The potential health hazards in foundry operations are exposure to various air contaminants like asbestos and physical conditions including noise, heat, and vibration. A survey of 281 foundries in Michigan in 1969 revealed that many of the employees were exposed to serious health hazards.


The majority of both ferrous and nonferrous castings are produced in green sand molds at the General Motors Grey Iron Foundry in Saginaw Michigan. The mold sand came from Lake Huron near the Charity Islands or from the shores of Lake Michigan. The sand is mixed with other ingredients in the muller. After mixing, the sand is placed in storage bins or silos and when required it is mechanically transferred to delivery bins at the molding positions. After the casting and shakeout operations the sand is conditioned so that it can be reused.


The core is a refractory element placed in the mold to define a cavity in the final casting. Since molten metal will flow around it, the core must be mechanically strong at that point and yet become friable after pouring and cooling to allow easy removal from the casting. Cores are made in a fashion similar to that for the molds described previously. In the oldest system in use, core sand is prepared in a muller by mixing silica sand with an organic binder such as linseed oil and starch such as dextrine. The sand is packed in a core box with a cavity defining the shape of the core. The fragile core is then removed and cured in a core oven at approximately 400F. The Grey Iron Foundry had Vertical, horizontal and batch core ovens all of which were insulated with asbestos prior to 1975.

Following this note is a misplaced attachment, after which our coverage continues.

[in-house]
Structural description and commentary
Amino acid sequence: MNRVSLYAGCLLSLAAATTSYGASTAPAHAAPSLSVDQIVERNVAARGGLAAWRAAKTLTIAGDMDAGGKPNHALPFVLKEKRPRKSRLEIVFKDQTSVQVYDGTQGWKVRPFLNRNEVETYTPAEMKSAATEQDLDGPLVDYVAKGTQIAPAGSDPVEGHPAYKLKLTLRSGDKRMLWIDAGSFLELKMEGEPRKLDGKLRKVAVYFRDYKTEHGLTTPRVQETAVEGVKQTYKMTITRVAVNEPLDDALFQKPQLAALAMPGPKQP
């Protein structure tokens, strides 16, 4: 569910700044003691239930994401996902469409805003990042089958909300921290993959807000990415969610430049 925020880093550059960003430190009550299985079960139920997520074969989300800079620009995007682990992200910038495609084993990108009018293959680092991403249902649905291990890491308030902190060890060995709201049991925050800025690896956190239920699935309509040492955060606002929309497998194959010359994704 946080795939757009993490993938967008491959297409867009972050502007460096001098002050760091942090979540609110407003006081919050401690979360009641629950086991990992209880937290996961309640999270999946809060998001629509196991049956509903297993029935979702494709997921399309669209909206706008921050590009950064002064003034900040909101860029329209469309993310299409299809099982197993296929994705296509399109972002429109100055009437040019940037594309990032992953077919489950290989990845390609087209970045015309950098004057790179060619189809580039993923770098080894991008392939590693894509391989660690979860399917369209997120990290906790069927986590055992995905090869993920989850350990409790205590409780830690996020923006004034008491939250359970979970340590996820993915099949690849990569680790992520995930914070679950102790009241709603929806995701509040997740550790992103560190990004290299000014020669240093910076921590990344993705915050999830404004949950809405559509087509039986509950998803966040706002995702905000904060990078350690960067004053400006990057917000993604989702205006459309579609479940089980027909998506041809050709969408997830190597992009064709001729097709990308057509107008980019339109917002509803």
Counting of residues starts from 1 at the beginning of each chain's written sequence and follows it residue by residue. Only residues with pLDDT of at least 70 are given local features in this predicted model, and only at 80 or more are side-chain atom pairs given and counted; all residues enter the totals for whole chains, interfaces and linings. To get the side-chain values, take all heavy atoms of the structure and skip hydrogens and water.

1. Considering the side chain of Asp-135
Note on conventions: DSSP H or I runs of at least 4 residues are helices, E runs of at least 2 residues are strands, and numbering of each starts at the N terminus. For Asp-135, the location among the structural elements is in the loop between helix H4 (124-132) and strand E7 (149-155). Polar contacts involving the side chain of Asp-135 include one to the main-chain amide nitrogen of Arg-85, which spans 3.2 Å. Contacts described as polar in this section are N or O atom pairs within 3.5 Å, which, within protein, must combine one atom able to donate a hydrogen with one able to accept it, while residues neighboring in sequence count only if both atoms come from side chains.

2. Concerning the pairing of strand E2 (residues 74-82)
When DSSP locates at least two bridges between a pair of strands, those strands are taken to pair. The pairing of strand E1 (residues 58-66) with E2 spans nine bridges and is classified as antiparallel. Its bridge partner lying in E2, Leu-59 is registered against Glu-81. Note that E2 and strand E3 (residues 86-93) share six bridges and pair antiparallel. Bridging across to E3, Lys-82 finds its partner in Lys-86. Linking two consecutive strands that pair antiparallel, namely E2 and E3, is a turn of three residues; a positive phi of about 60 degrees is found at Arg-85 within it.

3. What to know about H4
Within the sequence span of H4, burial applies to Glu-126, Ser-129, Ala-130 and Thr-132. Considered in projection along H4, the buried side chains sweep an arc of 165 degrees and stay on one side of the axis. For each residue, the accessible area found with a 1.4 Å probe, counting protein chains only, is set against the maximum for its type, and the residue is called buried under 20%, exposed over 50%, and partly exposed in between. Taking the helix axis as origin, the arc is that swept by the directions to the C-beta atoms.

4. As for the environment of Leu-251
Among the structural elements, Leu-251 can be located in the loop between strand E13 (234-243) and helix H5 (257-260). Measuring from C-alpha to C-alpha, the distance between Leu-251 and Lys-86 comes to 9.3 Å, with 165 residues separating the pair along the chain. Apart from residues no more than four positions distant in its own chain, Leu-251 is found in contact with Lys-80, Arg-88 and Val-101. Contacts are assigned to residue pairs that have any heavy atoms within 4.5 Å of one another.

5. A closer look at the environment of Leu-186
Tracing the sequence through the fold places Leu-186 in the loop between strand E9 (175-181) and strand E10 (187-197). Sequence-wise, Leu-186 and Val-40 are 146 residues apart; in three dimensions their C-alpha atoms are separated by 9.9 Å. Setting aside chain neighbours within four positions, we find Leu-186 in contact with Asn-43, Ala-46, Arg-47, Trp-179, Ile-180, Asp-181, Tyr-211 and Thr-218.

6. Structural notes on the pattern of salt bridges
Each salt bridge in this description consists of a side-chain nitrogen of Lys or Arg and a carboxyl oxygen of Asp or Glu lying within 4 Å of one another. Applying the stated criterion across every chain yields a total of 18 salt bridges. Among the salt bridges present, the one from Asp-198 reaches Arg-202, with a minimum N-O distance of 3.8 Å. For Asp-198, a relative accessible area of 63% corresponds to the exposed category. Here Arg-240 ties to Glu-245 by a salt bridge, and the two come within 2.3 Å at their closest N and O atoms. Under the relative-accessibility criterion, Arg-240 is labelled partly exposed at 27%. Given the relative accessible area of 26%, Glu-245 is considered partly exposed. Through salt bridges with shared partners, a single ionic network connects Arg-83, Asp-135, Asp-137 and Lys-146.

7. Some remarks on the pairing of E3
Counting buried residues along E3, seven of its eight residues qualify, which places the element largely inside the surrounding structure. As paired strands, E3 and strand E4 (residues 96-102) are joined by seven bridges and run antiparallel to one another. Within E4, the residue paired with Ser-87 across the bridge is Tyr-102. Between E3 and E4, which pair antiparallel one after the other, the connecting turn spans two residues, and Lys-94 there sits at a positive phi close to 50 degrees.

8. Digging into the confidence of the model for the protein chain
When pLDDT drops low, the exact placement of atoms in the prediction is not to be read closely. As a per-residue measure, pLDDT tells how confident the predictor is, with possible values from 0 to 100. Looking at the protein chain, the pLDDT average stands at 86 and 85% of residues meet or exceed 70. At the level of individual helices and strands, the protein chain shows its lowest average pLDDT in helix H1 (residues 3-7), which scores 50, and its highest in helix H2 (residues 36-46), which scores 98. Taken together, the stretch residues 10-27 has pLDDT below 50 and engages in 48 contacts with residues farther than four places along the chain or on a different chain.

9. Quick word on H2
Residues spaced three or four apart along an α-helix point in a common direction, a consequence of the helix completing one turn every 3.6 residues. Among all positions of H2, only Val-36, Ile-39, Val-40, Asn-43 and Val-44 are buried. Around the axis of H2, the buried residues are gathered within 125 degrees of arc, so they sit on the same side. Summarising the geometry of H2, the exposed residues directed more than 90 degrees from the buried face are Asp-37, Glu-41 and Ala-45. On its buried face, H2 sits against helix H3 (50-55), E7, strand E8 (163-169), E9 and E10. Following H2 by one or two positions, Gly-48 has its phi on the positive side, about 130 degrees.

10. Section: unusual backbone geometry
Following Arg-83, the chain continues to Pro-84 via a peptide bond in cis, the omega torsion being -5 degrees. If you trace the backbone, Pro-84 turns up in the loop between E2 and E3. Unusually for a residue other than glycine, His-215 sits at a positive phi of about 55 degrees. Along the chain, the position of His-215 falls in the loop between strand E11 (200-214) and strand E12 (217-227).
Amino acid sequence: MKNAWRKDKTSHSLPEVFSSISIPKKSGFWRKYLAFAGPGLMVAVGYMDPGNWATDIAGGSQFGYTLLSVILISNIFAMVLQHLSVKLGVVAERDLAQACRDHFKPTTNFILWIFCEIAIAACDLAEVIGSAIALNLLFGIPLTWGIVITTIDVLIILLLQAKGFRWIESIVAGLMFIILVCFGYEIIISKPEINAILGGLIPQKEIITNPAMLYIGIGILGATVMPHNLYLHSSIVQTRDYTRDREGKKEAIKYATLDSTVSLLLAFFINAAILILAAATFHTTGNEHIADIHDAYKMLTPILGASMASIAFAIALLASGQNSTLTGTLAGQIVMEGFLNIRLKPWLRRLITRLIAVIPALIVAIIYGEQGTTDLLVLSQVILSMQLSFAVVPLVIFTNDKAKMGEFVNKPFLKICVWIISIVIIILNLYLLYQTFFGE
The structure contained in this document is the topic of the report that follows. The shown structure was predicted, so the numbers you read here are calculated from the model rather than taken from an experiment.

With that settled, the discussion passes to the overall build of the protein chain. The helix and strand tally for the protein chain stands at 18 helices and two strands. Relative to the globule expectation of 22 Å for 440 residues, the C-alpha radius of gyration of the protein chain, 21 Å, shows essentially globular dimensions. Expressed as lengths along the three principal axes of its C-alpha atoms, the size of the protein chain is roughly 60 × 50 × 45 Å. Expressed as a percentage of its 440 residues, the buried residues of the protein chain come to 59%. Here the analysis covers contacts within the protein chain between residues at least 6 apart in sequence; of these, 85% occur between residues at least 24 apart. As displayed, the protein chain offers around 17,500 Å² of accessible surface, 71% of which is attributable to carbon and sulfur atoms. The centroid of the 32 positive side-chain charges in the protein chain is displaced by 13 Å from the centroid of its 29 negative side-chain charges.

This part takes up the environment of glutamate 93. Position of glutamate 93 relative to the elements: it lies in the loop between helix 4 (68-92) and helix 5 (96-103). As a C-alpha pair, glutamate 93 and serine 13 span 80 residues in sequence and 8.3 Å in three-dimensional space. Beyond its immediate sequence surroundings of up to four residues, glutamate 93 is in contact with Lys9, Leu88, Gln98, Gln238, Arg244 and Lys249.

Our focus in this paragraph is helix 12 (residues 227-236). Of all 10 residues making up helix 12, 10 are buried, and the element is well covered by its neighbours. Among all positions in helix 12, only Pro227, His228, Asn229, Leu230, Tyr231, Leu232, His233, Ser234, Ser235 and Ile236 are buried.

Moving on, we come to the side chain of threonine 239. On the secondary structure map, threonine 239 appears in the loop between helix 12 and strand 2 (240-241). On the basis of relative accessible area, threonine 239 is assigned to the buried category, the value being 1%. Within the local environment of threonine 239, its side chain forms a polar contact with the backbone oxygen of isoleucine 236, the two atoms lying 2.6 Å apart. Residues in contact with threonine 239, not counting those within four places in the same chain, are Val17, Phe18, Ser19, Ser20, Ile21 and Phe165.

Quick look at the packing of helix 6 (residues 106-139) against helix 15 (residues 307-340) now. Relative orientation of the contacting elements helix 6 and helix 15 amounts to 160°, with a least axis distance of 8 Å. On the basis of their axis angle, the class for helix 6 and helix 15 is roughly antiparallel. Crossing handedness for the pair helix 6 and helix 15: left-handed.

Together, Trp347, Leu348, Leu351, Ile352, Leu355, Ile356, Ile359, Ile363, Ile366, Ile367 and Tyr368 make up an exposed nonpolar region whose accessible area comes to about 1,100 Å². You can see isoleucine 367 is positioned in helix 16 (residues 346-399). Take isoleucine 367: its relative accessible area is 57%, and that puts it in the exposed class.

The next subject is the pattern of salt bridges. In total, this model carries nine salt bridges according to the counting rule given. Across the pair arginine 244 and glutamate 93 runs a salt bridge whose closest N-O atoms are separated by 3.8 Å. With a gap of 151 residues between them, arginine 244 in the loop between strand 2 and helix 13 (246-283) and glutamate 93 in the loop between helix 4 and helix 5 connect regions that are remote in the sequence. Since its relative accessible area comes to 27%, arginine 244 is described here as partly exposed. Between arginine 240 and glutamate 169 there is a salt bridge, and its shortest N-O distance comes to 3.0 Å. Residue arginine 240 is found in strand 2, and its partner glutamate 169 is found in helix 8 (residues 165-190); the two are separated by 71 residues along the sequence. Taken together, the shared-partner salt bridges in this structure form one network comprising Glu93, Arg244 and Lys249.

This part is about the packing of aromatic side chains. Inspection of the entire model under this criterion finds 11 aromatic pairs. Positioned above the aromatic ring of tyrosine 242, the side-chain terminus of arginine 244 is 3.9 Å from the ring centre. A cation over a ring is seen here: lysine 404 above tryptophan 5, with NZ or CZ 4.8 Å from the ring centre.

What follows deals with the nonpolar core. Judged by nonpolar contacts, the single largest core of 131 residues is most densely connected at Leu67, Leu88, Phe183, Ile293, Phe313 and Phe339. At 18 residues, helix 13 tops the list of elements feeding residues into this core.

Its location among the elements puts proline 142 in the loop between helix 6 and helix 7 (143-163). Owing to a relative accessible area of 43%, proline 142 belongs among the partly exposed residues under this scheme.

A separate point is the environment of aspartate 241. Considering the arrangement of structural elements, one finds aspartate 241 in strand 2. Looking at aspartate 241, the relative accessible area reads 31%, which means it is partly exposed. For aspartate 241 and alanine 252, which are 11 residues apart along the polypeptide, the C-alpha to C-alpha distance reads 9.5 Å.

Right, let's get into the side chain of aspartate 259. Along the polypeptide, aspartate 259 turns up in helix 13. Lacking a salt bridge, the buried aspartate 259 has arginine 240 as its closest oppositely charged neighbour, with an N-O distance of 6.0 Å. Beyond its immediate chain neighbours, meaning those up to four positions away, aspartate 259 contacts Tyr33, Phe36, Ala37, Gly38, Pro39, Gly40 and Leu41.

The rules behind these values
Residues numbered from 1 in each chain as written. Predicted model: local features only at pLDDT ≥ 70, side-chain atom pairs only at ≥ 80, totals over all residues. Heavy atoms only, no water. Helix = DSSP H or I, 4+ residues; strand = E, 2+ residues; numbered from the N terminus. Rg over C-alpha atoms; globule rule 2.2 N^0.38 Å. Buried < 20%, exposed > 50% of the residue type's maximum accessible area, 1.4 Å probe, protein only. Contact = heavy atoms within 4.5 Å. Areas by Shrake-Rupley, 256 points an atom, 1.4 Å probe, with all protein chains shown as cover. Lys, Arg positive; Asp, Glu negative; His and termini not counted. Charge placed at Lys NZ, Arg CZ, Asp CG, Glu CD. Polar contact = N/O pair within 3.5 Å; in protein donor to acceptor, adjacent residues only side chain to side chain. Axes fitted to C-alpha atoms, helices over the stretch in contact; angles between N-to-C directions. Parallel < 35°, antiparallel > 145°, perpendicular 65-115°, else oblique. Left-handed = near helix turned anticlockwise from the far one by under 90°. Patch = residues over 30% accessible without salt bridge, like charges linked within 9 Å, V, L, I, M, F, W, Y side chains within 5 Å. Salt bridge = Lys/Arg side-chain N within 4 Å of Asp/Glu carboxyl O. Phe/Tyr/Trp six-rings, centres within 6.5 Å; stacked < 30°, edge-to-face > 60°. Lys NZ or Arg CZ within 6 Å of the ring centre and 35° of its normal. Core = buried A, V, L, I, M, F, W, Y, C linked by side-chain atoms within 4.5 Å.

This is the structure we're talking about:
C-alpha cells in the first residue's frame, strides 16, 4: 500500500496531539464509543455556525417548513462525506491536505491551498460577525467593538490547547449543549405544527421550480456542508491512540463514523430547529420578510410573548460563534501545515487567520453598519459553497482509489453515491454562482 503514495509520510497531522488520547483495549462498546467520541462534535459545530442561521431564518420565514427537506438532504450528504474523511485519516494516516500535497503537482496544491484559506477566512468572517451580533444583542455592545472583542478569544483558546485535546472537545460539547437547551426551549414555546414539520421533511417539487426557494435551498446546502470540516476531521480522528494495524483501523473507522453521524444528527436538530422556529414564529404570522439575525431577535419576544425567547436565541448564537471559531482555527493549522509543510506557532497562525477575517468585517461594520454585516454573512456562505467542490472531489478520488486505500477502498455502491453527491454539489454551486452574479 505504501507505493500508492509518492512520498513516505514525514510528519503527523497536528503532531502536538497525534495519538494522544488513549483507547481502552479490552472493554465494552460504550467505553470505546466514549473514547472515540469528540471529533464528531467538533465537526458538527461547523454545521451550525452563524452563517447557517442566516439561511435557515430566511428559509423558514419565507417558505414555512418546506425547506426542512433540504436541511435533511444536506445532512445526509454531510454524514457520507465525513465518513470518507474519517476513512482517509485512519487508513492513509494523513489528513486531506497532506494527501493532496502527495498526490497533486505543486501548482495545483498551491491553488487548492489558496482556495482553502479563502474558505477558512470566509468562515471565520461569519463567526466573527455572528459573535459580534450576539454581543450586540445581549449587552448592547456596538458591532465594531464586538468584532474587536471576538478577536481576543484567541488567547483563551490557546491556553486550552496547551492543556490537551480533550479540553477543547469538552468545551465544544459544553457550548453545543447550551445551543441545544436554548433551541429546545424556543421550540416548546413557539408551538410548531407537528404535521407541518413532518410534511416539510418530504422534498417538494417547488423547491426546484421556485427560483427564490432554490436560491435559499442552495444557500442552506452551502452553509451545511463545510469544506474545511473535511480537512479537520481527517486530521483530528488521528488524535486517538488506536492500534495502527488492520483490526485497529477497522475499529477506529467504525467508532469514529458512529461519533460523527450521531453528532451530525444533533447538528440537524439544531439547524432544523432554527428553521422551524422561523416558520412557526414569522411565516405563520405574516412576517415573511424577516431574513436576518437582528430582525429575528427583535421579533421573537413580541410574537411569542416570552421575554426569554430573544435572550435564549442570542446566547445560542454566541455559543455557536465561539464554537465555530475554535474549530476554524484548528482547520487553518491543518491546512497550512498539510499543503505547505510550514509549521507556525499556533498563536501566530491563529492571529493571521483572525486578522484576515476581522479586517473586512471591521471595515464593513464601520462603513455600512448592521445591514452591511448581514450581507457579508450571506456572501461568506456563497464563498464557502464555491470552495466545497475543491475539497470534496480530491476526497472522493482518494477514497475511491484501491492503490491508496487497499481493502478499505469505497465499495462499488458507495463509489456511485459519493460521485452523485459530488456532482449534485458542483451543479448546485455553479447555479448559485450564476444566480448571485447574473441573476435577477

Metal Casting

The process of casting includes preparation of the charge materials, preheating of the charge furnace and ladles, melting of the charge in the furnace, fluxing of the melt both in the furnace and at the ladle to remove silicates and oxides, inoculation of the charge with materials for improved metallurgical properties, tapping of the melting furnace, pouring from melting furnace to a holding furnace or receiving ladle, and subsequent transfer to smaller pouring ladle and pouring of the melt into the prepared molds. The major health hazards in both ferrous and nonferrous operations include exposure to asbestos dust from insulating products, refractories, clothing and fire shields.